To answer that question, Jayachandran and her colleagues traveled to western Uganda, whose forests are home to chimpanzees and gorillas, and whose deforestation rates are the third highest in the world. In 2011, they selected 121 villages and offered a PES scheme to half of them, chosen at random. This experiment marks the first time the approach has ever been tested in a randomized trial, and its results were encouraging. Over two years, the program managed to halve the amount of fallen forest near the villages that participated in the scheme, compared to those that didn’t.
The program was also cheap and cost-effective. It took just $20,350 to pay all the enrollees, who (on average) bolstered their annual income by $56 a year—around 10 to 20 percent. “That’s the magic of the program,” says Jayachandran. “It’s enough money that there are financial pressures to not cut the forest, but cheap enough that wealthy countries can pay for it.”
“Sometimes, people ask why the government doesn’t just buy up the forests and make them into reserves,” she adds. “But people have their homes there. They’re integrated with the forests, so you have to figure out a way to let people live their lives.”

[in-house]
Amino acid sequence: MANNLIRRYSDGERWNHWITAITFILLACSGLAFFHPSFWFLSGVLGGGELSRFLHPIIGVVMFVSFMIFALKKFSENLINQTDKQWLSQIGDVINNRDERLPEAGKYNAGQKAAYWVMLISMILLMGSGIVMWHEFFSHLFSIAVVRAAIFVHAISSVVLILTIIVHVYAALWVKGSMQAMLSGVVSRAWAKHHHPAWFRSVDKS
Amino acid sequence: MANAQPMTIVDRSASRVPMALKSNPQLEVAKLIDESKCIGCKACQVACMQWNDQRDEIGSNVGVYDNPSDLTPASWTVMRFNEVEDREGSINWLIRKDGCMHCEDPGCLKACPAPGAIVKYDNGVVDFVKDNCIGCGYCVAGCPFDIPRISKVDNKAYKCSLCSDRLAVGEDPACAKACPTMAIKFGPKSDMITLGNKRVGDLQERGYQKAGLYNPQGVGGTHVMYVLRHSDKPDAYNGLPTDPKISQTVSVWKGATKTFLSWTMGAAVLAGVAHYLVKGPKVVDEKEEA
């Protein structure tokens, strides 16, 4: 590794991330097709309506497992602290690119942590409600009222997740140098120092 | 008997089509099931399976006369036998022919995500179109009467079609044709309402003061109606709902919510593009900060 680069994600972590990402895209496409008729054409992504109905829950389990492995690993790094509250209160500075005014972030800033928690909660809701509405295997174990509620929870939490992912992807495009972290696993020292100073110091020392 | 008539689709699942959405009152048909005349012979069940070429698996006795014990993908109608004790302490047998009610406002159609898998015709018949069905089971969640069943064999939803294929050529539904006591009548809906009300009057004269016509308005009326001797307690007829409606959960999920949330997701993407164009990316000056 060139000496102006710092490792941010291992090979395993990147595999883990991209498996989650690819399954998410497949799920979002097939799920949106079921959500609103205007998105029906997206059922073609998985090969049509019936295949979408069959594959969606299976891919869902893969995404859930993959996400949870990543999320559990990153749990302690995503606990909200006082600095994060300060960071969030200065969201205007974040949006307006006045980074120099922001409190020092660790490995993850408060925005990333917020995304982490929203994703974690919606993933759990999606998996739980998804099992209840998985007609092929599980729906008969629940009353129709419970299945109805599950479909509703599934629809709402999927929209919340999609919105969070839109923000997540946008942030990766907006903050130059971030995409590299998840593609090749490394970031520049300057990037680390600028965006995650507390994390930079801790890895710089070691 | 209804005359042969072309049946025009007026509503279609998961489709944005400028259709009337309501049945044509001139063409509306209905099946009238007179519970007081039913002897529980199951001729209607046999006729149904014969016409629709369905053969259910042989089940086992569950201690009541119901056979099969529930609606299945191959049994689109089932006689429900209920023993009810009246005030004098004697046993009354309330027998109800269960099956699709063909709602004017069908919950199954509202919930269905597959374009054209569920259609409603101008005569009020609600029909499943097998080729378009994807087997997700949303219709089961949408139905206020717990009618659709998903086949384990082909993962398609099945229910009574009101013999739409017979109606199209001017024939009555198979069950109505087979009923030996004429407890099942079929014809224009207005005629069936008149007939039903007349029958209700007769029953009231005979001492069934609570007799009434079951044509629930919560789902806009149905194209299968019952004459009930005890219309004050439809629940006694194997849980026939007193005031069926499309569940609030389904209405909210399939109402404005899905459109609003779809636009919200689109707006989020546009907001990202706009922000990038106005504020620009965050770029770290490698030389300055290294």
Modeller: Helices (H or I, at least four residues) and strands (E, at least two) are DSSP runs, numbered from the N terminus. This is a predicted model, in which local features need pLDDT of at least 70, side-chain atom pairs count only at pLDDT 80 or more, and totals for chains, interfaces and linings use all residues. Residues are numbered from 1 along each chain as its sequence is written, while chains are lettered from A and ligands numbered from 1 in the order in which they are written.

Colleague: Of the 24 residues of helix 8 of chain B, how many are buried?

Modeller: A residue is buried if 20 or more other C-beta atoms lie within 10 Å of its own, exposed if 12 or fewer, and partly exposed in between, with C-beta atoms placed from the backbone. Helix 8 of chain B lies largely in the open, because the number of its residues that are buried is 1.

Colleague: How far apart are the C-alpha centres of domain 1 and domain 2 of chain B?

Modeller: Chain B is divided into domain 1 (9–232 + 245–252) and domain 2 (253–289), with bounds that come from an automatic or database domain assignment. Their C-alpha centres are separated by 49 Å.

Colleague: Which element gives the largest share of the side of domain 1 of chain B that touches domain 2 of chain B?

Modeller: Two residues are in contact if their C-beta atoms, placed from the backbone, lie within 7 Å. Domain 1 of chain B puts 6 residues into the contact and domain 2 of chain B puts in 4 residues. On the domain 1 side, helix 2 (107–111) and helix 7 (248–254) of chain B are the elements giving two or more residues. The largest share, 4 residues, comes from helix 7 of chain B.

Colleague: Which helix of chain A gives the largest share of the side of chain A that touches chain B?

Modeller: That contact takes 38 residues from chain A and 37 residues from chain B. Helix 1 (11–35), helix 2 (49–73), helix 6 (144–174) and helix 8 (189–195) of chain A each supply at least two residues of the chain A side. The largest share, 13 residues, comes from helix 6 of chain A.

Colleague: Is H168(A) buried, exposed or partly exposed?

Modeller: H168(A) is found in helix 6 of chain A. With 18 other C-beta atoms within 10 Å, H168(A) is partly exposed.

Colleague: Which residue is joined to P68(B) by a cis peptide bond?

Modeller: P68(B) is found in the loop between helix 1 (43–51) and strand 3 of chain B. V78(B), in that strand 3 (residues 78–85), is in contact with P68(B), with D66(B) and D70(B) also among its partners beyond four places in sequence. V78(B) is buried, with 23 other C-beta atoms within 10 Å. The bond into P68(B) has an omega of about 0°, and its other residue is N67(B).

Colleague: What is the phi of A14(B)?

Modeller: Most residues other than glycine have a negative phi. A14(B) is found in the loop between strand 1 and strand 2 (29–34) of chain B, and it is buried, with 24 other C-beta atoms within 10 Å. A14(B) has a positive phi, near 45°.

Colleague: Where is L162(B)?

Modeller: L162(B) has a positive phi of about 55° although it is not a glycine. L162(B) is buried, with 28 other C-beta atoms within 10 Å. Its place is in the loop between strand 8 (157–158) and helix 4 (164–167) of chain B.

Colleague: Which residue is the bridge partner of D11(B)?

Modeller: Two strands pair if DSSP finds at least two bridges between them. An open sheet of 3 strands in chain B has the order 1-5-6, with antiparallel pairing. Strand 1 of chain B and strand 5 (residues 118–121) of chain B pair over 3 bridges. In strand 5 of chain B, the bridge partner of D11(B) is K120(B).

Other scientists found similar results when evaluating Mexico’s PES program after it had launched: There, payments also halved the loss of tree cover. “It is immensely useful to know that those results hold up in a fully randomized setting” and in a different continent, says Jennifer Alix-Garcia from the University of Wisconsin-Madison, who was involved in the Mexico analysis. “It suggests the existence of an effective environmental policy that can be applied in challenging institutional settings without adverse effects on households. What could be better?”
“I’m happy to see PES getting increased attention,” adds Katharine Sims from Amherst College, who was also involved in the Mexico study. “It has emerged as a key strategy for global forest conservation [and ] provide an important way of better aligning individual and social values.”
A local non-profit—the Chimpanzee Sanctuary and Wildlife Conservation Trust—designed and administered the program. Its staff traveled to the targeted villages, talked to their leaders, and offered them a contract that forbade them from cutting down mature trees, in exchange for an annual payment of $28 per pristine hectare. If they agreed, the team did on-the-ground spot-checks to make sure that that they were holding up their end of the deal, and assessed any differences in tree cover using satellite images.
On average, the team found that tree cover fell by 4.2 percent in the villages that were invited to take part in the PES scheme, and by 9.1 percent in the business-as-usual group. Best of all, the team found no evidence that the villagers were gaming the system. “You might expect that the people signing up in droves are the ones who were planning to conserve trees anyway,” says Jayachandran. But, in fact, the enrollees’ past behavior suggested that they would actually have cut down more trees than the typical landowner.